I first argue that religion partakes of the symbolic order of the nation-state and that contemporary nationalisms are suffused with the religious. I then suggest that religious nationalism calls into question the theoretical duality of the social and the cultural, a divide variously identified with the material and the symbolic, class and status, economy and civil society. Religious nationalism, I suggest, requires an institutional approach to the project of collective representation. Religious nationalism offers a particular ontology of power, an ontology revealed and affirmed through its politicized practices and the central object of its political concern, practices that locate collective solidarity in religious faith shared by embodied families, not in contract and consent enacted by abstract individual citizens. Understanding the institutional basis of religious nationalist discourse allows us to understand its affinities with socialist politics. If religious nationalism derives from religion's institutional heterology with the capitalist market and the democratic state, then it suggests the limits of a social theory that occludes that heterology. In the remainder of the paper, I argue that religious nationalism cannot be adequately understood either through Pierre Bourdieu's theory of habitus and field, nor through Jeffrey Alexander's theory of civil society. Bourdieu's theory of fields imports the logic of dominant institutions and thereby culturally homogenizes the institutional diversity of contemporary society, making the stake of politics a culturally empty space of domination. Alexander's theory of civil society, while rich in cultural substance, identifies civil society with democratic political culture and thereby makes unnecessarily restrictive assumptions about the institutional sources of collective representation in modern society.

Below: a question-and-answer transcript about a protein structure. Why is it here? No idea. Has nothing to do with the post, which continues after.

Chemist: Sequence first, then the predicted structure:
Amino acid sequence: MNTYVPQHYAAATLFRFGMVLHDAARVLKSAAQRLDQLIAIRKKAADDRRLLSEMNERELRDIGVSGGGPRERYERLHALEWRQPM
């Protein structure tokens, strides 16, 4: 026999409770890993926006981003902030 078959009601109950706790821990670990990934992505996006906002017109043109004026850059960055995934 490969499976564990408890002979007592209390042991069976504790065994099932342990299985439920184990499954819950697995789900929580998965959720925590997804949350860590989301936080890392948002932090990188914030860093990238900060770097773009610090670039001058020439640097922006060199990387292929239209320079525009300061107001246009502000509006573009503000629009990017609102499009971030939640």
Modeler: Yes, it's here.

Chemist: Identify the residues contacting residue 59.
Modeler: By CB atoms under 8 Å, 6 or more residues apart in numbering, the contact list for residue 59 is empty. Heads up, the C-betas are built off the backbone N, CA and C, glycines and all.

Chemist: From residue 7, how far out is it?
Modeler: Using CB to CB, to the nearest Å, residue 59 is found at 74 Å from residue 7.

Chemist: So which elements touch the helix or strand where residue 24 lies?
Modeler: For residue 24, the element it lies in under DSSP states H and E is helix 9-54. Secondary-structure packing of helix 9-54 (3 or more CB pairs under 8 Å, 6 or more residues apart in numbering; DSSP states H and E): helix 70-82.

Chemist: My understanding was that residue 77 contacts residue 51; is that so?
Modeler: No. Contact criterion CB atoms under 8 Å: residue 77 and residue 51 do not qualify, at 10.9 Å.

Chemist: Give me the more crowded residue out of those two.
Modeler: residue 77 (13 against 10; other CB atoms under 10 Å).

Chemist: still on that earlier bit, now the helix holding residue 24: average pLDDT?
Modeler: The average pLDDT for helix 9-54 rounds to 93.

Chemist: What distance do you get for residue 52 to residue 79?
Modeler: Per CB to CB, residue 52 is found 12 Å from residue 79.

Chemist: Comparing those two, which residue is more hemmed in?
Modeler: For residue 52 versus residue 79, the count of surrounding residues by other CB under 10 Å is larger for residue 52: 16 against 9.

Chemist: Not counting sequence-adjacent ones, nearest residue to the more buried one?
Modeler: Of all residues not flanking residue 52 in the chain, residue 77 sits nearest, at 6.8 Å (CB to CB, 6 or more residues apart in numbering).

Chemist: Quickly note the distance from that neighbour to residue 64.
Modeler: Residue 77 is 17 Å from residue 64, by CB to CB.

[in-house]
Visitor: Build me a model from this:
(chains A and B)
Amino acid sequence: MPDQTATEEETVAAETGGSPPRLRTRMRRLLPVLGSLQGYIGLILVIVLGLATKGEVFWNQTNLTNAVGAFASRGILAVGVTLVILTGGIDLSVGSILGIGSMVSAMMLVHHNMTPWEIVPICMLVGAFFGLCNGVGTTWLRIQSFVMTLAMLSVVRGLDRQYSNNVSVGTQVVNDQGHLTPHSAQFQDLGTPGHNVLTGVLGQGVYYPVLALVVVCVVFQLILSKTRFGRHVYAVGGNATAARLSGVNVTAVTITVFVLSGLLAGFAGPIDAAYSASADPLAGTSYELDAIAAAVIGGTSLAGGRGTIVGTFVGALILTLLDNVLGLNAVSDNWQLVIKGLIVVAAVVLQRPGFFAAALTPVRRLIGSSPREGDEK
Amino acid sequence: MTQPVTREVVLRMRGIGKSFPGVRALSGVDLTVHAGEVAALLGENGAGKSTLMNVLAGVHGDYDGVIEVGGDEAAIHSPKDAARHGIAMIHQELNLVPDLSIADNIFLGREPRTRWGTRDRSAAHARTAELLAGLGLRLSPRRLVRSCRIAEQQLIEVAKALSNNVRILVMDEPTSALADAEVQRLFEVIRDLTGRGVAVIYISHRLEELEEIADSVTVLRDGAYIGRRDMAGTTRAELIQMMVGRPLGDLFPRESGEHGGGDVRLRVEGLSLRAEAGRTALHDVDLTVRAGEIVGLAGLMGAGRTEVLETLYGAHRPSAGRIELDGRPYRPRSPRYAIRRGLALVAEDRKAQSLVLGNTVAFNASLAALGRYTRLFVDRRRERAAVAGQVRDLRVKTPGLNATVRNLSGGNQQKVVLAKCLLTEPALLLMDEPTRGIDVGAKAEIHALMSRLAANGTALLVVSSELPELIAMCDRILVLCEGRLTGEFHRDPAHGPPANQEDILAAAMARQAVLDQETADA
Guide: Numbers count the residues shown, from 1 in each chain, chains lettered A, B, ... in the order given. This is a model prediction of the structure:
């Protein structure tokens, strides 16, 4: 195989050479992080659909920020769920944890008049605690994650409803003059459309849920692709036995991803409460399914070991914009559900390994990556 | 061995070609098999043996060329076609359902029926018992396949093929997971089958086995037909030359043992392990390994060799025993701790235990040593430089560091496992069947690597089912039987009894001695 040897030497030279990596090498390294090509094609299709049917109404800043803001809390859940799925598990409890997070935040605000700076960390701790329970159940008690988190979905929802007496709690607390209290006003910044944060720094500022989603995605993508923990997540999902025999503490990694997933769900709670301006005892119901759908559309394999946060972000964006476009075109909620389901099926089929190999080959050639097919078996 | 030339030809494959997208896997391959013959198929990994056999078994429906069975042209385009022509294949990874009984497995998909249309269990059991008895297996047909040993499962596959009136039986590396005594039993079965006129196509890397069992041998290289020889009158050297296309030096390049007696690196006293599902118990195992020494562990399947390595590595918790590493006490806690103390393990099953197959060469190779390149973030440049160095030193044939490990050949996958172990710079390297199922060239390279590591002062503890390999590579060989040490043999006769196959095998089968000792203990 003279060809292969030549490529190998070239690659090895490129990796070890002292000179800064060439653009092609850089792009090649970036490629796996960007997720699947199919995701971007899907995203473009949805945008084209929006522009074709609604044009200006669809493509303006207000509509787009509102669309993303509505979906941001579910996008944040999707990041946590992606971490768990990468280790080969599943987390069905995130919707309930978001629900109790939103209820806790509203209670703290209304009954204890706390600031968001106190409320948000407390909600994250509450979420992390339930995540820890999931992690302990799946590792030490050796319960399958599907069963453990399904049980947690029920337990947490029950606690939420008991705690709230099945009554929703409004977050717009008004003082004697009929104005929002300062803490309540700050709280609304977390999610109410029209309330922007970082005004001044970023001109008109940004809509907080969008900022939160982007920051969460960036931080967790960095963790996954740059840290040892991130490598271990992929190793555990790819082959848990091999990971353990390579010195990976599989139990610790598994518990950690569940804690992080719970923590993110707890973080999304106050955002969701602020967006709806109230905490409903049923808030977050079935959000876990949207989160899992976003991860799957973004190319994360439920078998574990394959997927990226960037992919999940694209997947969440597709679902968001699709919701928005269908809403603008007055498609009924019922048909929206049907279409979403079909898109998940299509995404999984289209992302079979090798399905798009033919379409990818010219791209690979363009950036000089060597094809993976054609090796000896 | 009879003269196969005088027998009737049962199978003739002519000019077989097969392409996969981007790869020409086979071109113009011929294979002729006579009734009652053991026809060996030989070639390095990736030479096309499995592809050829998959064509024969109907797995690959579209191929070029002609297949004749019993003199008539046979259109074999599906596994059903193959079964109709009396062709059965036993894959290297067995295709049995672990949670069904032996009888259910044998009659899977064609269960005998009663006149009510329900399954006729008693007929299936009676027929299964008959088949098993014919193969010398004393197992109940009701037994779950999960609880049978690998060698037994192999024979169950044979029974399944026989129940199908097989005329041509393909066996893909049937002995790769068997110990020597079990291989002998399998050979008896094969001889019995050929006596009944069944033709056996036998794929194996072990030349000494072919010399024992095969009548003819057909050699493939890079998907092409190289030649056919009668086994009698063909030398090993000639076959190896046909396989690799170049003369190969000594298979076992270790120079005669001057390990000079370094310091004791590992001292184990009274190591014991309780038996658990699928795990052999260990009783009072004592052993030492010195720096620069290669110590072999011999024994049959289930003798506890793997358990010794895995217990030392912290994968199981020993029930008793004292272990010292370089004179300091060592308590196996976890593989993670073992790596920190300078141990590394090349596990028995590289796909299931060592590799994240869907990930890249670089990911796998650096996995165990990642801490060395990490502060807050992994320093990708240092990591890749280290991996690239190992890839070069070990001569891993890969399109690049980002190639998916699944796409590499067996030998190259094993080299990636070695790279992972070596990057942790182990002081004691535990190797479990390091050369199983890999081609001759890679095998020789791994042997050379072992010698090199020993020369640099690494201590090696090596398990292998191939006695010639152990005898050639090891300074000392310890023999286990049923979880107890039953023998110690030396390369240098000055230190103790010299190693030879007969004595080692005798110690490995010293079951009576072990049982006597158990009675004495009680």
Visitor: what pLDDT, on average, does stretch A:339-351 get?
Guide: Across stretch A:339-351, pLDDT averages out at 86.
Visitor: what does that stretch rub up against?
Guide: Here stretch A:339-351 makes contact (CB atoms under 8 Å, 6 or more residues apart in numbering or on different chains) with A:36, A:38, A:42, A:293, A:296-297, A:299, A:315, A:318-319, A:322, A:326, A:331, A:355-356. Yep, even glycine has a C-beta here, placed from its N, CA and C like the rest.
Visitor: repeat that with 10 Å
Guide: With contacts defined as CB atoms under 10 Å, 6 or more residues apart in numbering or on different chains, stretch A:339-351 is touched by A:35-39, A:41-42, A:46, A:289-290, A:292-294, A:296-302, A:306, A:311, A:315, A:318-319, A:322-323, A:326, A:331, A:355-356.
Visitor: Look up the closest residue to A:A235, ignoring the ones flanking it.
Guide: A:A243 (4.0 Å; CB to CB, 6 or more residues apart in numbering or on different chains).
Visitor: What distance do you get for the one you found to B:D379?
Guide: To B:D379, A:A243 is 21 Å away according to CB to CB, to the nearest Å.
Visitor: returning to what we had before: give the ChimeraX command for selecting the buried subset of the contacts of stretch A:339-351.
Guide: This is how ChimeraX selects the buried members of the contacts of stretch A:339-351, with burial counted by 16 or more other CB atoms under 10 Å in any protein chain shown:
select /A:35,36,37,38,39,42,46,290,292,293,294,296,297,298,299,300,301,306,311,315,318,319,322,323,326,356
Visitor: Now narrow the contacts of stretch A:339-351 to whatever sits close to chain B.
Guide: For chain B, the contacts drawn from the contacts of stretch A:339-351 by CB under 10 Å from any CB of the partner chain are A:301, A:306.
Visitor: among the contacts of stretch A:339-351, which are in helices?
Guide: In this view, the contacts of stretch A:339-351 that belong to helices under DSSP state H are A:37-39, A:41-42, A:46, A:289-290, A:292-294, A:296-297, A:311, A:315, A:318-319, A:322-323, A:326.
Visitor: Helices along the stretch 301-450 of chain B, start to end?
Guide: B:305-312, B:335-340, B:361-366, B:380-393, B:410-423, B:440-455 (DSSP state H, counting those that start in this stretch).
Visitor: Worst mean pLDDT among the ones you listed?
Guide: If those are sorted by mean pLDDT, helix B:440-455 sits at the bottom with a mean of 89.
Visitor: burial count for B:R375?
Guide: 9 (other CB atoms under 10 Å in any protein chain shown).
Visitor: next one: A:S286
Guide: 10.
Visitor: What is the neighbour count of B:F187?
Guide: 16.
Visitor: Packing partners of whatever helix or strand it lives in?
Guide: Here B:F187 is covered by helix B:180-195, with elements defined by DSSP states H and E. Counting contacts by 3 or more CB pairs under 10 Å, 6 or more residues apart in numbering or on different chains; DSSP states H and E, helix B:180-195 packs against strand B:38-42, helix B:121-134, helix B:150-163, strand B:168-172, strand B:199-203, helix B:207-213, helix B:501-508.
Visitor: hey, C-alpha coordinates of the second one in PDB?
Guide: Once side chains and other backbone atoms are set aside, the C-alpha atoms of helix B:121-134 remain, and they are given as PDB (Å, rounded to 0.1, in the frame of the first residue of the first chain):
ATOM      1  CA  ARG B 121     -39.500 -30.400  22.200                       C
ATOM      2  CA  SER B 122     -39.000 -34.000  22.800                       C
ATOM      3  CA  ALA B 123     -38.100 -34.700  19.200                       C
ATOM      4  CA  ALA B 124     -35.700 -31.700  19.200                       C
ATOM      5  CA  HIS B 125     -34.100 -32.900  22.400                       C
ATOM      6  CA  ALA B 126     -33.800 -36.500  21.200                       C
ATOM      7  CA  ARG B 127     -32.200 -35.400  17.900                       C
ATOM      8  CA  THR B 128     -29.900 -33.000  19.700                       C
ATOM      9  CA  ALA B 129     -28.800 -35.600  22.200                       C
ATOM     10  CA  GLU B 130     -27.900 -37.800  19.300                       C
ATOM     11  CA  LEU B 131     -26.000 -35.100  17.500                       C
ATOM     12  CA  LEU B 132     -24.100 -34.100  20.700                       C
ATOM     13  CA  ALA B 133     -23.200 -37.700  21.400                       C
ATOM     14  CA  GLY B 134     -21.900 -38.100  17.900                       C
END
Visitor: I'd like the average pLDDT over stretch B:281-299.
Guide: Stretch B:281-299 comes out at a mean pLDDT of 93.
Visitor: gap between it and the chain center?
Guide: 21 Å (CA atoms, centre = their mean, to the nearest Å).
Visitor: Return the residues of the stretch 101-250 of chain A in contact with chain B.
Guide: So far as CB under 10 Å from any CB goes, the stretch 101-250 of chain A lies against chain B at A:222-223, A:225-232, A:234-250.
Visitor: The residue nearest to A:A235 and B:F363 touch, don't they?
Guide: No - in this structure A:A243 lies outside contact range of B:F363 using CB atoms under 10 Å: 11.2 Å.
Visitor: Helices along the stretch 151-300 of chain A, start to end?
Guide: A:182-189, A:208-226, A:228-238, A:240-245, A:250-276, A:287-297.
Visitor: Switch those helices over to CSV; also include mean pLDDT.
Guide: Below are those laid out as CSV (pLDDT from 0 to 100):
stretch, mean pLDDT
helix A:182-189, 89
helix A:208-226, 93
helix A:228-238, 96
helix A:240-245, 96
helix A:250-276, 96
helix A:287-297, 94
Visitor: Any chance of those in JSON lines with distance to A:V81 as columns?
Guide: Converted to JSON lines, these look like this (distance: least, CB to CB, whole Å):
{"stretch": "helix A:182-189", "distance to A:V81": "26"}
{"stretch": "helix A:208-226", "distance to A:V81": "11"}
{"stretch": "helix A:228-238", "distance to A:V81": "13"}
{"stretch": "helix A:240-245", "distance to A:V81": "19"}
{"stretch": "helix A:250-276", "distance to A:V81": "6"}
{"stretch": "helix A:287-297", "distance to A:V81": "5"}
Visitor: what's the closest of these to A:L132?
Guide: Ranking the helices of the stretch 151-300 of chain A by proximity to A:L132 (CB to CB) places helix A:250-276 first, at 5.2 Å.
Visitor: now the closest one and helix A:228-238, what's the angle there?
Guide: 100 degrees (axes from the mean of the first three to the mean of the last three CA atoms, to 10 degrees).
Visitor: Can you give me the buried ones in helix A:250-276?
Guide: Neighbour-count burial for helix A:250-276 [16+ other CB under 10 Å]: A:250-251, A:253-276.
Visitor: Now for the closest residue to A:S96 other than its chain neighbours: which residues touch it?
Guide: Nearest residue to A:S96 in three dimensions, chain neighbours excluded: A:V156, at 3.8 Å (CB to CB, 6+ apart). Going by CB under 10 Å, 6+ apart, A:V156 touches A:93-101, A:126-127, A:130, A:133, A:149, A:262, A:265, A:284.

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  • Article Type: Review Article
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